Nigeria: Treasury Not Empty – Ex-Minister

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Nigeria: Treasury Not Empty - Ex-Minister

President Buhari on Monday June 22 2015 told state house correspondents that he met an almost empty treasury. By this statement, he clearly insinuated that the government of President Goodluck Jonathan emptied the treasury before leaving office. Responding to this statement, former Minister and Deputy Chairman National Planning Commission, Dr. Abubakar Olanrewaju Sulaiman said this statement is false.

According to Dr Sulaiman, the government of President Jonathan left behind about $2 billion as at May 29 2015. He stated that this figure would have been more if not for the insistence of the governors to share the funds. He described the President’s statement as “unscientific and unfair.”

Dr Sulaiman went ahead to list where government had funds. He listed the excess crude account, the Sovereign Wealth Fund and the regular money generating machinery of government. He wondered if by any means the Federal Inland Revenue Service (FIRS) had not been generating revenue in the last month.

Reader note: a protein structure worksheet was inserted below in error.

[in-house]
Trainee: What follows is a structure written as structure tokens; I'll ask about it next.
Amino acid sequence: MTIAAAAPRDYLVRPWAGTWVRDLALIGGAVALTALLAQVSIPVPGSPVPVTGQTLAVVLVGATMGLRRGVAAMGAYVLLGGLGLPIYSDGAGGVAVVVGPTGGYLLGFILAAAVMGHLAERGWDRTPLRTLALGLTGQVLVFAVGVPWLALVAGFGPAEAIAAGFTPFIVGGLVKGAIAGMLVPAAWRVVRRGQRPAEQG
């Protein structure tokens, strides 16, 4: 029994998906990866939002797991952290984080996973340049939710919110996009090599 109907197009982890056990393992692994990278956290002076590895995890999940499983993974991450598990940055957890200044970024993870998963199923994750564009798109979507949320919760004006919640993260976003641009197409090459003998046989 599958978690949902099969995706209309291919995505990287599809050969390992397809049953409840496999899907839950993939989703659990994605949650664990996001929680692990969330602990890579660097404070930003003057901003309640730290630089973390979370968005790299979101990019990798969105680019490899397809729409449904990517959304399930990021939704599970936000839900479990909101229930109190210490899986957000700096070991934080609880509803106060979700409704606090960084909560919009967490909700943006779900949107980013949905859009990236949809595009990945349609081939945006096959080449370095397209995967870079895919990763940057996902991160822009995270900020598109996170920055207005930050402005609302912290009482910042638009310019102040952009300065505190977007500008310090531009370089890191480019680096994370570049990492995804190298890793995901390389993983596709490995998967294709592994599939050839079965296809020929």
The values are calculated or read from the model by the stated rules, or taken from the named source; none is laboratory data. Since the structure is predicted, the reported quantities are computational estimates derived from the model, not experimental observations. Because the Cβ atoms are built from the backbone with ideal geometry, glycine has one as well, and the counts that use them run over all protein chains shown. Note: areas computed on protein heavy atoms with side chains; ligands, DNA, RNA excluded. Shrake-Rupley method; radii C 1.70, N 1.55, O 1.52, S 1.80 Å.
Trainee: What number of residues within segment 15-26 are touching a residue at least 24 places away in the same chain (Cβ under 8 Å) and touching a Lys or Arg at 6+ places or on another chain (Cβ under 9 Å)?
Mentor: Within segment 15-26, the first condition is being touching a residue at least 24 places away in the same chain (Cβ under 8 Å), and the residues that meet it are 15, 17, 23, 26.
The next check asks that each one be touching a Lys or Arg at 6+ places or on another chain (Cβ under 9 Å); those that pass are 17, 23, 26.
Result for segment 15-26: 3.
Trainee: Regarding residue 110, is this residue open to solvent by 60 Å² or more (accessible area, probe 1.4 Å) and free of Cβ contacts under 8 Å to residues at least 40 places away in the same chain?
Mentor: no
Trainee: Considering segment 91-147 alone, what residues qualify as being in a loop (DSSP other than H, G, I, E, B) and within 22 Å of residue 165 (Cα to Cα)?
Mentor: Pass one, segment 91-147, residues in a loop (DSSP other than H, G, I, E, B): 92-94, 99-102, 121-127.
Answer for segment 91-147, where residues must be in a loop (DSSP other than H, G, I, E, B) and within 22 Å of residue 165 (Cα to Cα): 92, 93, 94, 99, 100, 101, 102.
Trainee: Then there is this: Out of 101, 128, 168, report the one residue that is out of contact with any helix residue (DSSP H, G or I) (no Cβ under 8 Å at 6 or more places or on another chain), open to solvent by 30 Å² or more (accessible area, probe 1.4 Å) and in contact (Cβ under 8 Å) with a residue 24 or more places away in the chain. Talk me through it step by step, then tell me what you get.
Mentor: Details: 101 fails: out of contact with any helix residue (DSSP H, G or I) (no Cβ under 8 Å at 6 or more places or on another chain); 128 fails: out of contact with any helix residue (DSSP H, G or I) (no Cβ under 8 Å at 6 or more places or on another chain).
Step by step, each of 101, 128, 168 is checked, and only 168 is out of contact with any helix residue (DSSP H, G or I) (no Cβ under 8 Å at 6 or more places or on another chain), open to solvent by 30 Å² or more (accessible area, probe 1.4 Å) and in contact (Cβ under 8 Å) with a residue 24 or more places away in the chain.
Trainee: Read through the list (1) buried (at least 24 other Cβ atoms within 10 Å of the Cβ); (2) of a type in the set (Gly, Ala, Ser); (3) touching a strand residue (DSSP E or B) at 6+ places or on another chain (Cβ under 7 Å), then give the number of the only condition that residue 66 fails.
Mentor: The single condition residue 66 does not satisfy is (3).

Dr Sulaiman insisted that the past government left a cumulative sum of almost $30 billion behind and therefore said that “It will be misleading therefore for our respected President Muhammadu Buhari and indeed the ruling APC to claim to have met an empty treasury.”

Warning against painting President Jonathan as a plunderer of the economy, he pointed out that “upon inception of Jonathan’s administration, it is on record that the price of oil at the global stage was over $100 per barrel and at the close of the administration, it dropped to $46. Yet, there wasn’t collapse of government and federal civil servants were paid as at when due.”

President Buhari has pleaded with the media to help the government before people begin to take to the streets to protest. He said his government met a huge debt which may hamper their operations. Looking at Dr Sulaiman’s claims, Nigerians will want to get a definite response on the state of the excess crude account and the sovereign wealth fund. If also the treasury indeed was empty or near empty, were the oil marketers paid to make fuel available? If they were paid, how much were they paid and where was the money gotten from.

It is time for the new government to stop complaining about the difficulty of the job. These difficulties were clearly evident before they decided they could do a better job. Nigerians have voted them and Nigerians expect a better job to be down and not continuous complaints of the ills of the past government.

Source: Vanguard


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